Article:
Pensions  

Royal London to compensate client for transfer delays

Royal London to compensate client for transfer delays

Royal London has been told to compensate a client after confusion about the need for financial advice delayed a pension switching request by six months.

The client, dubbed Mr H, was advised by his financial adviser to switch his two existing Royal London personal pension policies into another plan, which would allow him to start income drawdown as he was planning to take early retirement in 2017.

While the transfer of the first policy occurred without any issues, the second was delayed by a total of 121 working days.

Pension switches, as opposed to pension transfers, don't need advice to go ahead so the client could have easily switched his pension had Royal London not issued a series of mixed messages which ended up delaying the process for almost six months.

Mr H received the necessary pension switching forms in January 2018 after an initial delay of nine working days following his adviser’s request in late 2017.

A Royal London representative called Mr H on January 26 and advised that he could complete the transfer on a non-advised basis, but the client said he had now received the forms and would complete them.

The representative then said Mr H's adviser would need to sign a declaration that they had given financial advice before the transaction could be completed, and the transfer request was on ‘hold’ until that was done.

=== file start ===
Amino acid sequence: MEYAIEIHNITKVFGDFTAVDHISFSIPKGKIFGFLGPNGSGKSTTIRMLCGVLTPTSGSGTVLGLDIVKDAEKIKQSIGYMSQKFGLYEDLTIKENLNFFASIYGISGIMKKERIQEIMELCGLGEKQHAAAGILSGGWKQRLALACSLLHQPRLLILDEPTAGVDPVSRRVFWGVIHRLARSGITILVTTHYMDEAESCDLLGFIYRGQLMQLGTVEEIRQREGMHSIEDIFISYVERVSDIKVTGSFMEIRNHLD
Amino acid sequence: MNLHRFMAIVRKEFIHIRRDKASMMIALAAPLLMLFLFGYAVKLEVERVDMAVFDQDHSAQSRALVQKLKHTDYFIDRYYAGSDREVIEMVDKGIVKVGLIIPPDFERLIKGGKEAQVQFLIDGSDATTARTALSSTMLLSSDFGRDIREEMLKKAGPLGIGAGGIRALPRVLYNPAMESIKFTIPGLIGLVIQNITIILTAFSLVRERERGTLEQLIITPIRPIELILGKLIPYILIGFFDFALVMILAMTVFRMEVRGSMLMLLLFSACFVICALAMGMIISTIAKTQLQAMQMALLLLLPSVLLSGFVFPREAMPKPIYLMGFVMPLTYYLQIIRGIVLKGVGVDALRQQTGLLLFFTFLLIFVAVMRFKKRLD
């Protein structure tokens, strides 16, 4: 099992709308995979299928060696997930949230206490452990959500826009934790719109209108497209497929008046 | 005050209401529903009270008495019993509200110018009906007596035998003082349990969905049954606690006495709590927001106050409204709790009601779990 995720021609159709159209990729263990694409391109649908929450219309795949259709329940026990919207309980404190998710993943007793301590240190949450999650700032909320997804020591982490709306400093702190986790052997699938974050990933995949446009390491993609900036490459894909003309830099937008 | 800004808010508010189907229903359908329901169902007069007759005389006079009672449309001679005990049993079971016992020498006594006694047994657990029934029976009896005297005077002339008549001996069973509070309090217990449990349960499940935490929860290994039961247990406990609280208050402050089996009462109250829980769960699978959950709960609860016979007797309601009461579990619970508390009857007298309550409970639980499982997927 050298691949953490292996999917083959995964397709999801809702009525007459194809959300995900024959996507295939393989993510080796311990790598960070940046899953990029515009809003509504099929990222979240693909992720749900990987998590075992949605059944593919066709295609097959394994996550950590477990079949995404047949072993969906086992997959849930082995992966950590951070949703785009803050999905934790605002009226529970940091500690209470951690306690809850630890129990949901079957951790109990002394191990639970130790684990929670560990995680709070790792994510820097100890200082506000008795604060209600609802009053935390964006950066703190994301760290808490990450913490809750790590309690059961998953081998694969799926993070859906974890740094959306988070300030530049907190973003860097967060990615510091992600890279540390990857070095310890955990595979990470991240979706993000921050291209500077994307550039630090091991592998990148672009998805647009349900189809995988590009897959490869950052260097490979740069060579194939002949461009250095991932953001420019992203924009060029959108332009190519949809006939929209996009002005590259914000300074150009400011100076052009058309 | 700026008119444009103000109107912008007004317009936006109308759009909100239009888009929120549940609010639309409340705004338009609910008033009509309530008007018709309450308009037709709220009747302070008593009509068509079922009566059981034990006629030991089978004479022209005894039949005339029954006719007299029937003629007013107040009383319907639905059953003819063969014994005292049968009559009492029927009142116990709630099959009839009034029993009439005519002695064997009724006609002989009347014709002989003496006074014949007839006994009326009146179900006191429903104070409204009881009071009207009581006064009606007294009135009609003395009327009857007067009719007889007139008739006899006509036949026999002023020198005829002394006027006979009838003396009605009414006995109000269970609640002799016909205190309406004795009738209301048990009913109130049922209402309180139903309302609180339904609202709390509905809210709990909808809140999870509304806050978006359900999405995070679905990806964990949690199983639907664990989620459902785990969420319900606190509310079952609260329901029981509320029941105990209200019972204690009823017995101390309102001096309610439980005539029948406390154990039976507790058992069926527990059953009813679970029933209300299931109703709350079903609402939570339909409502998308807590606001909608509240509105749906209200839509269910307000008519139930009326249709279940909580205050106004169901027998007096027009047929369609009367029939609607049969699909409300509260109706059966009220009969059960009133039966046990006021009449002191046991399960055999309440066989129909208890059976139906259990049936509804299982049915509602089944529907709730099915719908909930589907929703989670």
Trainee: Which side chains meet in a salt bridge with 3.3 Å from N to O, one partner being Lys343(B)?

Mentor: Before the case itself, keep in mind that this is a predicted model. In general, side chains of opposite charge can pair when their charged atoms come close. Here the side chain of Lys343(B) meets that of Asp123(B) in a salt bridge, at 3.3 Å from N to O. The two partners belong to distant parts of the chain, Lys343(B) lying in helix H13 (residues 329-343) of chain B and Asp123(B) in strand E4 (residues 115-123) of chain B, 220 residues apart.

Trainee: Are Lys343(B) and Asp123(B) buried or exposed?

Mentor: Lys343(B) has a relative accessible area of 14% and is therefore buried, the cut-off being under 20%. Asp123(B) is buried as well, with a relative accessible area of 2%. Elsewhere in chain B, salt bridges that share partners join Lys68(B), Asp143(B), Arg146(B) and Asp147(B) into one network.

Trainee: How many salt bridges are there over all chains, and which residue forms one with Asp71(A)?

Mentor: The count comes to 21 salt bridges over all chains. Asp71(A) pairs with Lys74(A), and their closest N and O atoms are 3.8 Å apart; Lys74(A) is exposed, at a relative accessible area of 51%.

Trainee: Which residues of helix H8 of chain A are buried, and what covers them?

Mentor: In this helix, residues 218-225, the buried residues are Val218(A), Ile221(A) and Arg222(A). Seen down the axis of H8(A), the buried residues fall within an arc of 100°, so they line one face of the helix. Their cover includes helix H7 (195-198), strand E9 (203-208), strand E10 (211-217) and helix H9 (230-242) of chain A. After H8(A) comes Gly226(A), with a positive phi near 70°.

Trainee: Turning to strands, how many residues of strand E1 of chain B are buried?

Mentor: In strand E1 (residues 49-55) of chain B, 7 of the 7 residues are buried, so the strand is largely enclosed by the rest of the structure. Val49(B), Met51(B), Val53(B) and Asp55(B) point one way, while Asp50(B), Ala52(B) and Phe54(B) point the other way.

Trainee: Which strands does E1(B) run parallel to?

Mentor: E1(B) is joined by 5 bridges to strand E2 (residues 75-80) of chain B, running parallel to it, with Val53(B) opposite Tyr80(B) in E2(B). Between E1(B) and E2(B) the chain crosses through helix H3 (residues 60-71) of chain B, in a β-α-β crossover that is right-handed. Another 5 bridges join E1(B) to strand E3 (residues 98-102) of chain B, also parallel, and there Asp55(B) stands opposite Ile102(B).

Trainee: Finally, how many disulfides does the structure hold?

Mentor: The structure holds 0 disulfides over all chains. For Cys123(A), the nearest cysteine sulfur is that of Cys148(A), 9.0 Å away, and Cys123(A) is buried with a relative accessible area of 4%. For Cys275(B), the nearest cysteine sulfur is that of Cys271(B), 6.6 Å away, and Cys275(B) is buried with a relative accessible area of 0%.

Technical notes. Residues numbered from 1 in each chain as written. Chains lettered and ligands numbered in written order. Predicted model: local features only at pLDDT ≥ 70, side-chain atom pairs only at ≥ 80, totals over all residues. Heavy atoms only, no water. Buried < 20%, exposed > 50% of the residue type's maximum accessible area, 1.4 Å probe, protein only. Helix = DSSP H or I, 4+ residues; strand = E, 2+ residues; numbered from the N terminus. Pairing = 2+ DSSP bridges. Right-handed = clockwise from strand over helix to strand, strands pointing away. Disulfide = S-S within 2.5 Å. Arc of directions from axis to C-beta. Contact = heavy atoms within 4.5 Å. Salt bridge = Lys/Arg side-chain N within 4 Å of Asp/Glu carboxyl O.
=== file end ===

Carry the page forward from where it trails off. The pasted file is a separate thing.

Royal London then received an electronic request to transfer the policy on April 30, and the adviser had also sent paper discharge forms on May 1, which were accepted.

Royal London advised again, on May 30, that the letter confirming that financial advice had been given was still outstanding.

Finally, on July 24, when asked, the mutual insurer stated that it did have all the paperwork necessary, as the confirmation of financial advice that it had been waiting for was not actually needed after all.

The transfer request was resubmitted and the payment was made the following day.

Ombudsman Keith Taylor accepted Mr H's complaint, who said the delay had caused him stress and financial difficulty, as he had been unable to access the funds via his drawdown policy during that time.

The Fos found the second delay had been caused by the incorrect information given to Mr H on January 26 by Royal London - that confirmation of advice was required before the transfer could be completed, which was not recognised to be incorrect until July 24.

Royal London has been ordered to calculate compensation to Mr H, despite the mutual insurer stating his plan had increased in value over the period before it was transferred.

The insurer must establish the transfer value of the pension policy had the transfer taken place 121 days earlier, which is the notional value.

Then, it will need to apply index growth to the notional transfer value to the actual date of transfer (a period of 121 days), which will be the fair value.